General Discussion / Re: How picky are you?
« on: January 27, 2015, 04:43:35 pm »
Boschield for the chain when it "feels/sounds" a little dry, minor adjustments for brakes and gearing only as needed, and change the chain (with a cheap, i.e. $25-$35 one) approx every 2000 miles.

Does that change between touring and riding around home?  The only time I've had a squeaking chain around home was after a good downpour on the commute in to work, but I drove my (younger) companion nuts on tour -- she could hear the chain half a day before I could

General Discussion / Re: Washington, DC to Atlanta, GA
« on: January 27, 2015, 09:57:11 am »
This is just an off the cuff suggestion for doing this trip. Take the W&OD rail trail from Alexandria out to Purcellville, Va to its end. I would Google map or ask the local DC bike crowd how to get from there to Front Royal, Va which is about 40 miles. In Front Royal you can pick up the Skyline Drive/Blue Ridge Parkway. This will take you much of the way into NC. NC Bike Route 2 coincides with much of the BRP. Bike Route 2 will leave the Parkway at Balsam, NC which is southwest of Waynesville, NC and continue from there west to Murphy, NC. Murphy is in the far southwest corner of NC and is about 130 miles northeast of Atlanta. You would need to do some research to figure that part out as I don't have a suggestion for that.

I'd thought of recommending that approach, but it is very hilly compared to the piedmont or coastal plains.  It does have the advantage that you miss a lot of the back-tracking from the Atlantic Coast route.  If you do choose the BRP, be sure to get the book, "Bicycling the Blue Ridge" for information on water, food, and lodging or camping.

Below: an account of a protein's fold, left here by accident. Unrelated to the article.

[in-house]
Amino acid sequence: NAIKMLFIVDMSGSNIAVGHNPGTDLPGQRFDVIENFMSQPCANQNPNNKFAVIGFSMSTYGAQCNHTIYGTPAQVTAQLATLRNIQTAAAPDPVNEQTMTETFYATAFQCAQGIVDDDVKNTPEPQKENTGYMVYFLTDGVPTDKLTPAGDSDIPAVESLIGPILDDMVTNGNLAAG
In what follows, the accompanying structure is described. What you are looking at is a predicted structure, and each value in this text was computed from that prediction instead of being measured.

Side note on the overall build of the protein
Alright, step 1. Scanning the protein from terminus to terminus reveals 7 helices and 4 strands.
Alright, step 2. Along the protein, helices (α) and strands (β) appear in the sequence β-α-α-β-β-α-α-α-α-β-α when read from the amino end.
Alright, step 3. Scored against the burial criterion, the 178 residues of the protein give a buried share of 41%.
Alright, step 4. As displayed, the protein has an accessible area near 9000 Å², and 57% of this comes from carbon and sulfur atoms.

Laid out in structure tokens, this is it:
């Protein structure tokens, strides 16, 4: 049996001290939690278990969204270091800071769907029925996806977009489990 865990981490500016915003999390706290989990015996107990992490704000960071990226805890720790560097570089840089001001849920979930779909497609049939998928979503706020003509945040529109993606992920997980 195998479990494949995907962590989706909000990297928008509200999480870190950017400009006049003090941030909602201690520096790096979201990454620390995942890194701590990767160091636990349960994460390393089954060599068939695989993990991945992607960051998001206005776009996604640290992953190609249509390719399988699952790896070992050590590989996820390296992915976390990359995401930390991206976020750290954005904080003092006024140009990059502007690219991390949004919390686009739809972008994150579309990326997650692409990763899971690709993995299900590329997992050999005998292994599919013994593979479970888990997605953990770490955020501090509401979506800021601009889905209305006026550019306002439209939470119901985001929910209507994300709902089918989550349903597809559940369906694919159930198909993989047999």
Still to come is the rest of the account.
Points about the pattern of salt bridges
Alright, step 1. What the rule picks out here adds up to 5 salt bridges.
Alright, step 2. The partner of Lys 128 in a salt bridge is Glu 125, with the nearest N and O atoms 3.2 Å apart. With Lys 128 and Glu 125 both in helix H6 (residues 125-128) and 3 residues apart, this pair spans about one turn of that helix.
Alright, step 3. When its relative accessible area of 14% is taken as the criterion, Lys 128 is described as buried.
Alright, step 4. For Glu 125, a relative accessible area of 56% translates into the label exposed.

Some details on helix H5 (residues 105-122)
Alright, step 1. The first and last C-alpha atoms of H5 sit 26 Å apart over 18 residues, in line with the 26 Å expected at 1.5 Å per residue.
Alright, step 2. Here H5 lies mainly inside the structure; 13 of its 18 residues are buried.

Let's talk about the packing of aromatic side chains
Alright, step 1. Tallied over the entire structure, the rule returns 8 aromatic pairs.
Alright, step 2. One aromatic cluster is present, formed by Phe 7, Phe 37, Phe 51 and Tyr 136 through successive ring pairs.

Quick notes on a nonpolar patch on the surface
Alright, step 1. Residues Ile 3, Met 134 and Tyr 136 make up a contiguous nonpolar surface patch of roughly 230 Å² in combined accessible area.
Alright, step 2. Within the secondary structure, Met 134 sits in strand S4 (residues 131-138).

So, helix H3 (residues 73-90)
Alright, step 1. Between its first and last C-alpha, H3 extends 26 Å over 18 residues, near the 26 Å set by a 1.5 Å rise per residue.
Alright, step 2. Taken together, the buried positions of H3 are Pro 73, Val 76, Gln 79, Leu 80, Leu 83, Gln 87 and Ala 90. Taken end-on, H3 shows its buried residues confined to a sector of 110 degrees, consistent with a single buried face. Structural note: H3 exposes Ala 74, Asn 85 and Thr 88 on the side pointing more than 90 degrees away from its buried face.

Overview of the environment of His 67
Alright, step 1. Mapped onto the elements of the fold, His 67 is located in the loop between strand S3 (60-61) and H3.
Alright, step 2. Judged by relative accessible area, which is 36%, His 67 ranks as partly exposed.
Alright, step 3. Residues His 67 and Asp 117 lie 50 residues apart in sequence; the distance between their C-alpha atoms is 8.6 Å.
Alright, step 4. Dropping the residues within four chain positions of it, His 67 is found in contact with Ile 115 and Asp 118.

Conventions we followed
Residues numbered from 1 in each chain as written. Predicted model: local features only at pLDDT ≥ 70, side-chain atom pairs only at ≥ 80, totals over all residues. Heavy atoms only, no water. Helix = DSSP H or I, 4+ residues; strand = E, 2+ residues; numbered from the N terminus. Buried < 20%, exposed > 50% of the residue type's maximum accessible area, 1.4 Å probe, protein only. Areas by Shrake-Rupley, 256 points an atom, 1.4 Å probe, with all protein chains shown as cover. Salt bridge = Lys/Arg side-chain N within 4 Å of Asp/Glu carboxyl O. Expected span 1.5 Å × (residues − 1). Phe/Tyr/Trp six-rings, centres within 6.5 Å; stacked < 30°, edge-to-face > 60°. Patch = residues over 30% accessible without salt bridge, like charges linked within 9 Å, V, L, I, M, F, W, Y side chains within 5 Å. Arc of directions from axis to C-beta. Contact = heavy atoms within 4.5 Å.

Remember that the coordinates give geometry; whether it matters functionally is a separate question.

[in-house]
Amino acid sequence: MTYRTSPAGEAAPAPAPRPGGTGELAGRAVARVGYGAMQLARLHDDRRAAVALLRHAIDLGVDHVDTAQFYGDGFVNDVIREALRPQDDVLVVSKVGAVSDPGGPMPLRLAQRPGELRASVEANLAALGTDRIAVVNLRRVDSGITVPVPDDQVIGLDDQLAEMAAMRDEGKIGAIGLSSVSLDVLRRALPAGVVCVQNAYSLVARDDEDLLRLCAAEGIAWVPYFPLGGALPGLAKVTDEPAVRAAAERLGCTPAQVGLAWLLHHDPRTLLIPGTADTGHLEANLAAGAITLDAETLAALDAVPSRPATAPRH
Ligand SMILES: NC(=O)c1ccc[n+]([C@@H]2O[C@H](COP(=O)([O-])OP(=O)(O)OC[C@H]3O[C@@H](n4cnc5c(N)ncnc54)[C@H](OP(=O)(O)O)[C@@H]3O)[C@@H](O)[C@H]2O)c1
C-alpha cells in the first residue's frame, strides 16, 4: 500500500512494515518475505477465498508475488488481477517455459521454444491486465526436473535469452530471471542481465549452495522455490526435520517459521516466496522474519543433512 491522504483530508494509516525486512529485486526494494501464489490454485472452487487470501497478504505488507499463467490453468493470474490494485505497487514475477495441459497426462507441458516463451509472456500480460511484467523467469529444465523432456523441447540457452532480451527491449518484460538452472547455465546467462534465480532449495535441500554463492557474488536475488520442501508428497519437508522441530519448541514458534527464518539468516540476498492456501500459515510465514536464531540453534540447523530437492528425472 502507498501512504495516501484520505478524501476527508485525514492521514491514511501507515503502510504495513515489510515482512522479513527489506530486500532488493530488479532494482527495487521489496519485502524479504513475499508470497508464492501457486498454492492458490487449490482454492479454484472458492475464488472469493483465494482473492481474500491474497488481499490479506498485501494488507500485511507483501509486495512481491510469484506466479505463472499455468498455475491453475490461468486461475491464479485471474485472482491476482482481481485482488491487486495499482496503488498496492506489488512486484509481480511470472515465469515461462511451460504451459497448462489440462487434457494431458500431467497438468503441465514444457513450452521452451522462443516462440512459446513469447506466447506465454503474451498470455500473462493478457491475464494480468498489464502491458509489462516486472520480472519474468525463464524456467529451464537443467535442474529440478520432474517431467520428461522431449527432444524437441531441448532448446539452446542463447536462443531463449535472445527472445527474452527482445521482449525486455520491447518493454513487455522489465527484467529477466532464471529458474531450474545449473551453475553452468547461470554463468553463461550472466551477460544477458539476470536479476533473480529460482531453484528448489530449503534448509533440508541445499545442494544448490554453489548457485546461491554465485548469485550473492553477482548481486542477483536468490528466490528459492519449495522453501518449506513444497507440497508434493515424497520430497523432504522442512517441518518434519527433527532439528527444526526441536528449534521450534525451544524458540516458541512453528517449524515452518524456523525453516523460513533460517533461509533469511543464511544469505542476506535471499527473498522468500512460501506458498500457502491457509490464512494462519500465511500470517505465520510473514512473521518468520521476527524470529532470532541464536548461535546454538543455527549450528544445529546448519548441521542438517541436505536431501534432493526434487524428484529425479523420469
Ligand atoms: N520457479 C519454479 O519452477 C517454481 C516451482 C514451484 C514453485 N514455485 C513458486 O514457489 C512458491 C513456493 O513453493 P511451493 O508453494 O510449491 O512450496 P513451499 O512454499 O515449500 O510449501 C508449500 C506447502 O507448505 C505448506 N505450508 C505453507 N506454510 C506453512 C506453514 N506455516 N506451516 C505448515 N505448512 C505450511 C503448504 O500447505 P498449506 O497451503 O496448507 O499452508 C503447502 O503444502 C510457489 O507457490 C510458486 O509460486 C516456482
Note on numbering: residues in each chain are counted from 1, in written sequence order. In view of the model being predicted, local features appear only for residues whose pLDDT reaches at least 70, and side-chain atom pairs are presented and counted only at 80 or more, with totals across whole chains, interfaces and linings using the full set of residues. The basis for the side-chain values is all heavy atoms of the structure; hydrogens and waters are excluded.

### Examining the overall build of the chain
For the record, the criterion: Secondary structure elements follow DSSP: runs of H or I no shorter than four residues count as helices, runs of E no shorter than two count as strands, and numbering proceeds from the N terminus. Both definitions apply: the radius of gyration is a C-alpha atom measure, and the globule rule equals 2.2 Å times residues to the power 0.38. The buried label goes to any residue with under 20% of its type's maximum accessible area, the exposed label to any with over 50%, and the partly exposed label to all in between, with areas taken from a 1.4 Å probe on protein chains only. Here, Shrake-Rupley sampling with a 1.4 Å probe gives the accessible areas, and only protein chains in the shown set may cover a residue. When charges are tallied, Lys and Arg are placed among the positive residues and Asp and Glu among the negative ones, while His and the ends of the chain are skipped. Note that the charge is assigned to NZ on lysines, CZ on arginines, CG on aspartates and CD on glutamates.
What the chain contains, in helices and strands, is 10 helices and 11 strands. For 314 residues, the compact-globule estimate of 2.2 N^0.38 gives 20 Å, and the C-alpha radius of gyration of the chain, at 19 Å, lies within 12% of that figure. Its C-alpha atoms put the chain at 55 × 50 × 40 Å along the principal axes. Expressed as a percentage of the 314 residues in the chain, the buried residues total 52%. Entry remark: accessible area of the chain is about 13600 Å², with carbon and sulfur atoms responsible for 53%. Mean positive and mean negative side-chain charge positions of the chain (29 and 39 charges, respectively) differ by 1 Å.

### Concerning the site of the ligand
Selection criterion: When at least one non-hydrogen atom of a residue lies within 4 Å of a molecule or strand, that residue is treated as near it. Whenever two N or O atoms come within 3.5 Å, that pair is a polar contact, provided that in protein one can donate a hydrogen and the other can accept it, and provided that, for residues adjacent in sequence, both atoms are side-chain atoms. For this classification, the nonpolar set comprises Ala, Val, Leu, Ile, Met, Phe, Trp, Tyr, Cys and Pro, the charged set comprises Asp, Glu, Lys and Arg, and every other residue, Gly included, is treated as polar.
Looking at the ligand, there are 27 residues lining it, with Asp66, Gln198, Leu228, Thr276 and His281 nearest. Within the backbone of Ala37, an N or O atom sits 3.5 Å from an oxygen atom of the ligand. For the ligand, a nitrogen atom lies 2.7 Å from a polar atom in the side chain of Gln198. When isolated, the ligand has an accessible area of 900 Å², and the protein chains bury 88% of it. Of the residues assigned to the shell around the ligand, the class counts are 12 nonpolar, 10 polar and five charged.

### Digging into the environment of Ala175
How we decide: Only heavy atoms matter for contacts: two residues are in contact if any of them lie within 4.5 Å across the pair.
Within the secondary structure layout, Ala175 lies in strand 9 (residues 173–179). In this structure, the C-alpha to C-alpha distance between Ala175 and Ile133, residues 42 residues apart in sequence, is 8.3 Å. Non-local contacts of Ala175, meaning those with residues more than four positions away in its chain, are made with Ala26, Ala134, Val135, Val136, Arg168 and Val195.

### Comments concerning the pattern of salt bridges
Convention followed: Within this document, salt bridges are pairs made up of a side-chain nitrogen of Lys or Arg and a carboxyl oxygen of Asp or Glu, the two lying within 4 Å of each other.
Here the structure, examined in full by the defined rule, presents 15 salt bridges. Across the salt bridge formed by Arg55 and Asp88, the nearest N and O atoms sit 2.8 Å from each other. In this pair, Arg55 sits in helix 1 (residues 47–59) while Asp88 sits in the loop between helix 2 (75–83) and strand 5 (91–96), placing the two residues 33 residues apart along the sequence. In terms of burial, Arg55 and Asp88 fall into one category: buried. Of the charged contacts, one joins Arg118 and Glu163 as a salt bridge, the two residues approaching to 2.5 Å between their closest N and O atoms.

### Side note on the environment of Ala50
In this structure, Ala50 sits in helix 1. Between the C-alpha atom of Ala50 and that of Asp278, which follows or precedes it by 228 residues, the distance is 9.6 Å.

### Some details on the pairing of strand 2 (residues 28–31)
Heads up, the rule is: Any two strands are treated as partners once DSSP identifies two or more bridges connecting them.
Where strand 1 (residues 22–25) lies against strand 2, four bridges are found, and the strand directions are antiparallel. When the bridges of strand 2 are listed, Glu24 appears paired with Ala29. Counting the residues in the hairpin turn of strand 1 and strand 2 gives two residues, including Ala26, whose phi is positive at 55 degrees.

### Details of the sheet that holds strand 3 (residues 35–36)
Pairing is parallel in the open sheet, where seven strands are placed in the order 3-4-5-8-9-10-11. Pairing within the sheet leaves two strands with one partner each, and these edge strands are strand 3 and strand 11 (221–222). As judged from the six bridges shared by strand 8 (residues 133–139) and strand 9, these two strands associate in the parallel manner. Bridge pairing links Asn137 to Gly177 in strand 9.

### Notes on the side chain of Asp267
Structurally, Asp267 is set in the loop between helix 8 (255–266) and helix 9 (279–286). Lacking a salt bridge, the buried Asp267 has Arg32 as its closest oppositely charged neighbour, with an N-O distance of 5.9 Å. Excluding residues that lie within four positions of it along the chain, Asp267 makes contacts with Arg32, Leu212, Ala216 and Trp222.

The approach to Atlanta is going to be an issue.  OP might be able to get some help from various cycling clubs and organizations in or near Atlanta. 

The Silver Comet trail is similar to the W&OD trail for approaching the big cities.  If you want to take that approach (from the west, unfortunately), first find a reasonable route into Chattanooga.  I'd suggest taking GA 193/337 to Summerville, then GA 100 down to the south side of Cedartown.  Alternately, you could pick up US 27 south of 411 (the traffic between Rome and 411 is intimidating, even in a large car or truck, but 27 is lightly trafficed to the south since they finished I-75).  There are 2-3 bike shops on the east end of the Silver Comet, and one of them should be able to help with a route from the end of the trail in Mableton to downtown Atlanta.

Gear Talk / Re: Should I be worried about my frame?
« on: January 23, 2015, 05:39:52 pm »
Just MHO; I'd give it a very careful once-over, and if everything looks OK, enjoy the ride.  Hang the frame up on something (ropes tied to rafters, bike stand, car rack), take the wheels off, clean everything as best you can, and inspect the frame under bright light at close range.  If it's outside, check it once, turn it around and check again; if inside, use a bright work light.  Look for things like bubbles in the paint, hairline cracks, paint delaminating, etc.  While riding, listen carefully for unexplained clicks, groans or squeaks.  Drop the fork out and give it the same kind of once-over.  Look particularly near the joints (head tube, bottom bracket, seatstays), dropouts, around penetrations into the tubes, like the water bottle bracket bolts, and near the braze-ons.